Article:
The Fable of the Seamstress
The immigrant lady had risked harm, real bodily harm, to leave her home and be here. In two months she had spent the little money she had saved over a six-year period of dreaming and waiting. Since arriving in America she had worked as a cleaner — of houses and dishes. Her real skill, the one that used to feed her three children back home, was tailoring. Other immigrant women from her country told her often that there was good money to made stitching together fabric. She need only find a place that required her excellent sewing skills.
She set about looking for such a place, the Valhalla of thread that would help make her American dreams come true. Although she had been in the United States for nine weeks, her English was no better than it was when she had arrived. (Her friends, who had been here longer, weren’t much better.) Instead of scanning the want ads in the paper, she roamed the business district, clutching a small square of paper in her hand. She was looking for a sign in a window that matched what was written in block letters on her map: “S E W E R Wanted.”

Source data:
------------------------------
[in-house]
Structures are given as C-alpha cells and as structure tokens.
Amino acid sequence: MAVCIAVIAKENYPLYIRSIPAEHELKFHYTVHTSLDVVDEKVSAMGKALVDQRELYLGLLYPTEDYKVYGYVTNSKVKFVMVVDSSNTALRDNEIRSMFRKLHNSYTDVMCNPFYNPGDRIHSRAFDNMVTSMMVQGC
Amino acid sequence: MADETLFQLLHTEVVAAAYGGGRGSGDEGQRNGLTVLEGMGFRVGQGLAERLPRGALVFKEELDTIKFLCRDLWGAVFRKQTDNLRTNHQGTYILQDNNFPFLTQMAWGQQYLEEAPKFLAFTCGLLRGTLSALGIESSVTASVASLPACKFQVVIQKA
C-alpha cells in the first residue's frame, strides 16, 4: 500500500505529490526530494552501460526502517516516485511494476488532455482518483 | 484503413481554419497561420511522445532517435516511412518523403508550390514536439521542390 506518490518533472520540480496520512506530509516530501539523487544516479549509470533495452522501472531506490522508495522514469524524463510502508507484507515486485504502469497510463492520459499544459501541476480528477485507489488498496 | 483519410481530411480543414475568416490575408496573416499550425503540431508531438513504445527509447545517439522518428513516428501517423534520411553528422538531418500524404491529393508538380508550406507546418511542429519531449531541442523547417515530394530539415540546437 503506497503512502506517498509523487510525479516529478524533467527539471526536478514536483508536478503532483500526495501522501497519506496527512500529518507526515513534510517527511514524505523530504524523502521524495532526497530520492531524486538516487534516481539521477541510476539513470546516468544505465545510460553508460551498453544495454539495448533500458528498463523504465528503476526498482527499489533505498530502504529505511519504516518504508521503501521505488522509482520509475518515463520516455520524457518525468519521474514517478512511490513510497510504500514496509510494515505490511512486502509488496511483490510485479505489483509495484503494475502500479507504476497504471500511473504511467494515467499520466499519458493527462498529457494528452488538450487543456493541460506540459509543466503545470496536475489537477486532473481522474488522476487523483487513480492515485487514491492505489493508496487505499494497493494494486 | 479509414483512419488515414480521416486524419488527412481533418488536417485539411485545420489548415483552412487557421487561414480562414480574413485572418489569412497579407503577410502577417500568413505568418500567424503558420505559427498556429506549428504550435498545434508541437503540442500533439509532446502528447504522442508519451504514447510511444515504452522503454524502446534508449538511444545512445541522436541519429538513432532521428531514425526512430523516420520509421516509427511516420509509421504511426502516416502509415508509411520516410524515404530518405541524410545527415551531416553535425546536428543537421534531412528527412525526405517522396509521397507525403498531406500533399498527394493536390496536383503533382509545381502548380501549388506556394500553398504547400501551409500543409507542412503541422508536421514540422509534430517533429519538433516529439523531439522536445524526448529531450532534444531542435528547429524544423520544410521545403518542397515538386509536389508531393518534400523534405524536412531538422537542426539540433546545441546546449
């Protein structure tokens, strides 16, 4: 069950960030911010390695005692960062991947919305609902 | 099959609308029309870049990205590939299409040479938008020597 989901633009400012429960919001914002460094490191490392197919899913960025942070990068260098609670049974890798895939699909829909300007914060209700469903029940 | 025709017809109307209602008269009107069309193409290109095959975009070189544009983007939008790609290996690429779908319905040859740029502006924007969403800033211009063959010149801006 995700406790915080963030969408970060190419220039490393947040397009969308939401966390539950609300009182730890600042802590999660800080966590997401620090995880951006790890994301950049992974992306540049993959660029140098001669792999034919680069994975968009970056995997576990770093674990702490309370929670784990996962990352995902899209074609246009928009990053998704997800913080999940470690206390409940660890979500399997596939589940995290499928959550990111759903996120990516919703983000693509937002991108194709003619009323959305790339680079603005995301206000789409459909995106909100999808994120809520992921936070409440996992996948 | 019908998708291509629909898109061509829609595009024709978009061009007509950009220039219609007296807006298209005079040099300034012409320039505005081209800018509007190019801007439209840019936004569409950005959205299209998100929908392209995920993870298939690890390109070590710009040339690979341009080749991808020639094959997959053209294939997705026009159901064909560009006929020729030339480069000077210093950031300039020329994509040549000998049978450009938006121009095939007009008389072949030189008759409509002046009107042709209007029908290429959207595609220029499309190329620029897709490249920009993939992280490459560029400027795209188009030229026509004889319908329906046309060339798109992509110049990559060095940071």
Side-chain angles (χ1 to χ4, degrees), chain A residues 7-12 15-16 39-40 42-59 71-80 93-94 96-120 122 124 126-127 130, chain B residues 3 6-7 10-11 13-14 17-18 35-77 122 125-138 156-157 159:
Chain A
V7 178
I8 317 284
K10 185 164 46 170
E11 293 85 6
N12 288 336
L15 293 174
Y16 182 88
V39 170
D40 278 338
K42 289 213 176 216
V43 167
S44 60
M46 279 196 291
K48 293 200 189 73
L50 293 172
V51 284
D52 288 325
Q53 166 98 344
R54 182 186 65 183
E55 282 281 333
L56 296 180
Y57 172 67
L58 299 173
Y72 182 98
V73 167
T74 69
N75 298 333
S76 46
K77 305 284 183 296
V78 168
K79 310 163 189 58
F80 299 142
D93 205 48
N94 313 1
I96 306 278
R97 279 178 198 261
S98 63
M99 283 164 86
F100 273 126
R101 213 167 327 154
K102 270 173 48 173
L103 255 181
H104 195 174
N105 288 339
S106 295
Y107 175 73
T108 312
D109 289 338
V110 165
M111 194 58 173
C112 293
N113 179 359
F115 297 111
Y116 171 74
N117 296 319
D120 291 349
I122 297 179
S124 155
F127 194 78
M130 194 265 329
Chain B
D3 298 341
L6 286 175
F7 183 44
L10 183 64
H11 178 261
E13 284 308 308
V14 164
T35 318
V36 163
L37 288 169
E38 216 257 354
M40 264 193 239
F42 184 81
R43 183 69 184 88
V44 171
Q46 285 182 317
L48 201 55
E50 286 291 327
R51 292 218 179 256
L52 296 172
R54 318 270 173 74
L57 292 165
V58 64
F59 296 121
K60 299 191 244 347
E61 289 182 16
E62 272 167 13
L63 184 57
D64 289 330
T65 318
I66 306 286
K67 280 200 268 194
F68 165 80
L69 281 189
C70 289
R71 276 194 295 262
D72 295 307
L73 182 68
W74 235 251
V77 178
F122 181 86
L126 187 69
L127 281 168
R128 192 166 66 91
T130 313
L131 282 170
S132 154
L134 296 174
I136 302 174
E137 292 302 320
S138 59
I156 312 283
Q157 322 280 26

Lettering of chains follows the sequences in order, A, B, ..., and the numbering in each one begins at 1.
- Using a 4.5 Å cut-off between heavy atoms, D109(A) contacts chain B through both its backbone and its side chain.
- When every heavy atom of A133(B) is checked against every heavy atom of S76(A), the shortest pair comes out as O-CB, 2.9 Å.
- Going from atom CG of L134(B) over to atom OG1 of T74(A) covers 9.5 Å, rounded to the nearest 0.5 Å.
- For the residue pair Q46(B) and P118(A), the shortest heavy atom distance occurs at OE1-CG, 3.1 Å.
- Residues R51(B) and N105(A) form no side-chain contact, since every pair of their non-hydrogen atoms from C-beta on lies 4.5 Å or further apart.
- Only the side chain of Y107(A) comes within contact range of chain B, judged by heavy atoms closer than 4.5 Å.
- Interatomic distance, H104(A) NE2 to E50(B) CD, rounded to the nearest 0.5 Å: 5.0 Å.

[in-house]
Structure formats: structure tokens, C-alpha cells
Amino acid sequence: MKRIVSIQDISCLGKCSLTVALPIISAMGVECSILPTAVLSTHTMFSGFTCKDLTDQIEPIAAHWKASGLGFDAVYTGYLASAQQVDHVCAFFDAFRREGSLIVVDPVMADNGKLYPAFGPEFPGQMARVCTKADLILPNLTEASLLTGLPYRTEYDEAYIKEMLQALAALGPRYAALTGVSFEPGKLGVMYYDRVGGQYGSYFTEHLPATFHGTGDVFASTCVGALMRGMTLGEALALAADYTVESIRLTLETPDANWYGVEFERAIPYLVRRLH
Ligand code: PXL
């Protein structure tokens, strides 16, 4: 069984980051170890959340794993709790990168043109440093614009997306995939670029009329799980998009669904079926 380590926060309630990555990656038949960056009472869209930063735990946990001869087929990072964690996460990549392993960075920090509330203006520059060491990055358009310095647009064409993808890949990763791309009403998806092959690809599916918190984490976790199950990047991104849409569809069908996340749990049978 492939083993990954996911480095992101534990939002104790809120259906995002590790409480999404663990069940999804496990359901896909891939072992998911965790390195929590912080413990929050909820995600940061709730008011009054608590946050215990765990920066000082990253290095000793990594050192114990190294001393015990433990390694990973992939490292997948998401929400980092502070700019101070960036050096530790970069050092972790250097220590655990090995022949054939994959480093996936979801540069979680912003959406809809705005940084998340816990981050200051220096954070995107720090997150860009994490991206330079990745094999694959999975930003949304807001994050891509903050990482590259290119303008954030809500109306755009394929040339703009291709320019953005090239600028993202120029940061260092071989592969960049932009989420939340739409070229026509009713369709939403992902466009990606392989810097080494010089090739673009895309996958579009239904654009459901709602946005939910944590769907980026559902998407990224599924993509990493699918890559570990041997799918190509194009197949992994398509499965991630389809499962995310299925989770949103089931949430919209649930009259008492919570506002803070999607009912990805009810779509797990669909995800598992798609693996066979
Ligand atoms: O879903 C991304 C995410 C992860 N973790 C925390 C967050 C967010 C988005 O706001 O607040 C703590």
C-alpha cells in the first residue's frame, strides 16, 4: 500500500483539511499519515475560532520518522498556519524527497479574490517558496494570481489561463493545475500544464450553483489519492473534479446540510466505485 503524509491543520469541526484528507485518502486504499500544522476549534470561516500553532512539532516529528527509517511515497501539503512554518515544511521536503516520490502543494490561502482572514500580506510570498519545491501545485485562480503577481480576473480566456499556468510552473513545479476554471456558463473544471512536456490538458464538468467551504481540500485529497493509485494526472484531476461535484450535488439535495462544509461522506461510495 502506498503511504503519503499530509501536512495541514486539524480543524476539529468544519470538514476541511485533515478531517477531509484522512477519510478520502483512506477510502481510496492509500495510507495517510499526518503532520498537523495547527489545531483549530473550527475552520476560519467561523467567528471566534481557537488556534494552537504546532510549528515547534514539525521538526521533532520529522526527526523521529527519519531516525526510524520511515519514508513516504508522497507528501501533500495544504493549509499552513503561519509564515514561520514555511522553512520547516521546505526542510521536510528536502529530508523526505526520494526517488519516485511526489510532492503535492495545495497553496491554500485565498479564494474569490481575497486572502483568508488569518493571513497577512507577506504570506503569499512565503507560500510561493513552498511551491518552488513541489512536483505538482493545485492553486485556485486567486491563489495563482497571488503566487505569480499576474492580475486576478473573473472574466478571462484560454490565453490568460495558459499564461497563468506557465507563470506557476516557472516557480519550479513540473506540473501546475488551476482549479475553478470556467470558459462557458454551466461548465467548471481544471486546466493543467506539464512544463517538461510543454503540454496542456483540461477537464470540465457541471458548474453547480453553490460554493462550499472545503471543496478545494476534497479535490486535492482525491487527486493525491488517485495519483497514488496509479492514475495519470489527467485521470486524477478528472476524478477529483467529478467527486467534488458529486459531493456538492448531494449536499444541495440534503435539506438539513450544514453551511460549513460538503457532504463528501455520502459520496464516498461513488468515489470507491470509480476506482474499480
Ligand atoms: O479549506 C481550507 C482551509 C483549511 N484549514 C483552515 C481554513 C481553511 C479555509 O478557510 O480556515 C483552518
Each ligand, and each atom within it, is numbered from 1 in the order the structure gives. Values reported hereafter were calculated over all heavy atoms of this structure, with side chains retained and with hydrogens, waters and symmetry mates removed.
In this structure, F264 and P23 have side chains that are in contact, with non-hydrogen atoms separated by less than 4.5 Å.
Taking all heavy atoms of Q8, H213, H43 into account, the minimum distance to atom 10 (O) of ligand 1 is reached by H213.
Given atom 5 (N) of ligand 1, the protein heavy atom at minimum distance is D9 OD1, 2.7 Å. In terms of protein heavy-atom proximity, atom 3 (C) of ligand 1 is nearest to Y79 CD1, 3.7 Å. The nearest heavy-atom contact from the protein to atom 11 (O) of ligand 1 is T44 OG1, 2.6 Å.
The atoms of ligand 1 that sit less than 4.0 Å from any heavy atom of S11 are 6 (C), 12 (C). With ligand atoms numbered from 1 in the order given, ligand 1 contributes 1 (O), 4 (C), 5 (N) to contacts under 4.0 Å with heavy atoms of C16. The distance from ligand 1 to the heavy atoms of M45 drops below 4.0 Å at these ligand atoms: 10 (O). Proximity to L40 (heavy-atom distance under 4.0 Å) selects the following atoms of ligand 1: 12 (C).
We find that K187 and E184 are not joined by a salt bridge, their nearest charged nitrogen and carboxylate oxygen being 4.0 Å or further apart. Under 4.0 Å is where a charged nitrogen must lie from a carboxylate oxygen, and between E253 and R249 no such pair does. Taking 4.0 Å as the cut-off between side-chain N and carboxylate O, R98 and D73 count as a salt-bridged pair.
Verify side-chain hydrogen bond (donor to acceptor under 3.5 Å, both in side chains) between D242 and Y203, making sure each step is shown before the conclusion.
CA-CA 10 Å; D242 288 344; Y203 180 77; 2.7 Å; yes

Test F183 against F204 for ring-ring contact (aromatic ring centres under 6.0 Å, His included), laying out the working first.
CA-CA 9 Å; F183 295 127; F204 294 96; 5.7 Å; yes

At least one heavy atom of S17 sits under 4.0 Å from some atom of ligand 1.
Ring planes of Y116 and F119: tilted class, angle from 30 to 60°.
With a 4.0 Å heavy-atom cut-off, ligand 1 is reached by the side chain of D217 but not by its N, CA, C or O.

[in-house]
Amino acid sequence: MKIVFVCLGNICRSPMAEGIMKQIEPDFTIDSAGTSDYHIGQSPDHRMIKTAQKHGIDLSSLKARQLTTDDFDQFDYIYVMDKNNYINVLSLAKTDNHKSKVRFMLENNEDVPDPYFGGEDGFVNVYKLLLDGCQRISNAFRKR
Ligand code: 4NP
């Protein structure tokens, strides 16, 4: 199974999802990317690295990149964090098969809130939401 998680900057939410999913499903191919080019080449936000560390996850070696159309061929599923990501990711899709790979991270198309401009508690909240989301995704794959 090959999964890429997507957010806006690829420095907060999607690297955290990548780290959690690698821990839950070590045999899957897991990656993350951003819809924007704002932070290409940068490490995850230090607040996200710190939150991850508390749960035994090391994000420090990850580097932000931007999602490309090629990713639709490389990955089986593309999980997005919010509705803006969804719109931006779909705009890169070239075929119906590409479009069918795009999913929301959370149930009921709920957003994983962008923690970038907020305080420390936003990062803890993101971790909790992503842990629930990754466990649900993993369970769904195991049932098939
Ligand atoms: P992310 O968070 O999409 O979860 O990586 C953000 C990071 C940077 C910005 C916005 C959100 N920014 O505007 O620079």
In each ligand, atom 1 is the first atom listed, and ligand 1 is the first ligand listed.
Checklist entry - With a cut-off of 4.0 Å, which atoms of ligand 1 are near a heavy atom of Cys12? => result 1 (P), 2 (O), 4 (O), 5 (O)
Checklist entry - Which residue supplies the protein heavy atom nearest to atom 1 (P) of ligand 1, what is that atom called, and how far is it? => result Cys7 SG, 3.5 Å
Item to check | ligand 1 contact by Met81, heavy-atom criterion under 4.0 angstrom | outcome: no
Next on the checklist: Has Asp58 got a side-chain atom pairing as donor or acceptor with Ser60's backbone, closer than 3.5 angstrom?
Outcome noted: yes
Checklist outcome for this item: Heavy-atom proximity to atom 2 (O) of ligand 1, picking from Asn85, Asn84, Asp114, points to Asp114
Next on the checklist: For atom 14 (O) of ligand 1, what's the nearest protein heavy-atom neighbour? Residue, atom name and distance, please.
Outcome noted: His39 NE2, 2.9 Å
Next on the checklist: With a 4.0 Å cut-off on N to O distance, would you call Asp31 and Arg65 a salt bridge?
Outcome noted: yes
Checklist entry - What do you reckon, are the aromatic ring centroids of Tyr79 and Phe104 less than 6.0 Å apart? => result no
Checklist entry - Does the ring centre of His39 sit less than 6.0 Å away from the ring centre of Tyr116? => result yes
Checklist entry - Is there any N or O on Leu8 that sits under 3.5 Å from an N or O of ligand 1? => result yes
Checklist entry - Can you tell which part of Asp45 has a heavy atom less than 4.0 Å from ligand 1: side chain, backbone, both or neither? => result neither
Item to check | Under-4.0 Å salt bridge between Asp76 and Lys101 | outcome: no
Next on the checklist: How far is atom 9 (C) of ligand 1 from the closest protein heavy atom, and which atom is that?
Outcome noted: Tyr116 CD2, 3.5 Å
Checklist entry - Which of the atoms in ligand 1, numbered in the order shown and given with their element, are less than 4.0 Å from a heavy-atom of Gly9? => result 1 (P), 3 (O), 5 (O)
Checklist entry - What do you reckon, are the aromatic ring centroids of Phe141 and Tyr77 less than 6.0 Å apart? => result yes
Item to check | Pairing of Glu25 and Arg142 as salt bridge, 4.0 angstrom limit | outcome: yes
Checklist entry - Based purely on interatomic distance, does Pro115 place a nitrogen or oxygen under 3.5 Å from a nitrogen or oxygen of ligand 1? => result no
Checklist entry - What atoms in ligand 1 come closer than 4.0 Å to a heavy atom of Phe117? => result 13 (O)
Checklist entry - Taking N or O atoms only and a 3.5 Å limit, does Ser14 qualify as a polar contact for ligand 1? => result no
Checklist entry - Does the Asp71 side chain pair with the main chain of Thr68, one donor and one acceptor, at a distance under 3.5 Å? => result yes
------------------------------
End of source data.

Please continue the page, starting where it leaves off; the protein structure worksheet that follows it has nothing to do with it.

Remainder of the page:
She wandered the avenues of the city for seven hours, first one side of the street then the other. She learned to no waste time or hope peering in the windows of restaurants, whose smells teased her. She looked for places that had clothing hanging on great overhead racks, places where people carried laundry in and out. She saw a few, but none of them had the magic words in the window. Once, feeling bold, she walked into a dry-cleaning establishment and thrust her paper toward the baffled Korean proprietor, who read the words, shook her head, and returned the crumbled square.
As the sun was starting to set, the immigrant lady was farther from her apartment (which she shared with four other women from her country) than she had ever been before. Nothing looked familiar. There were fewer people. And the air smelled funny. She was almost ready to turn around and trudge home, where she planned on treating herself to a warm footbath. Then she looked to her left and saw a large yellow sign, with black letters: SEWER.
She ran toward it and peered over the fence behind the sign. The trench on the other side of the fence smelled rotten, like death. She stifled a cough, regarded the sign with malice, and began to walk home.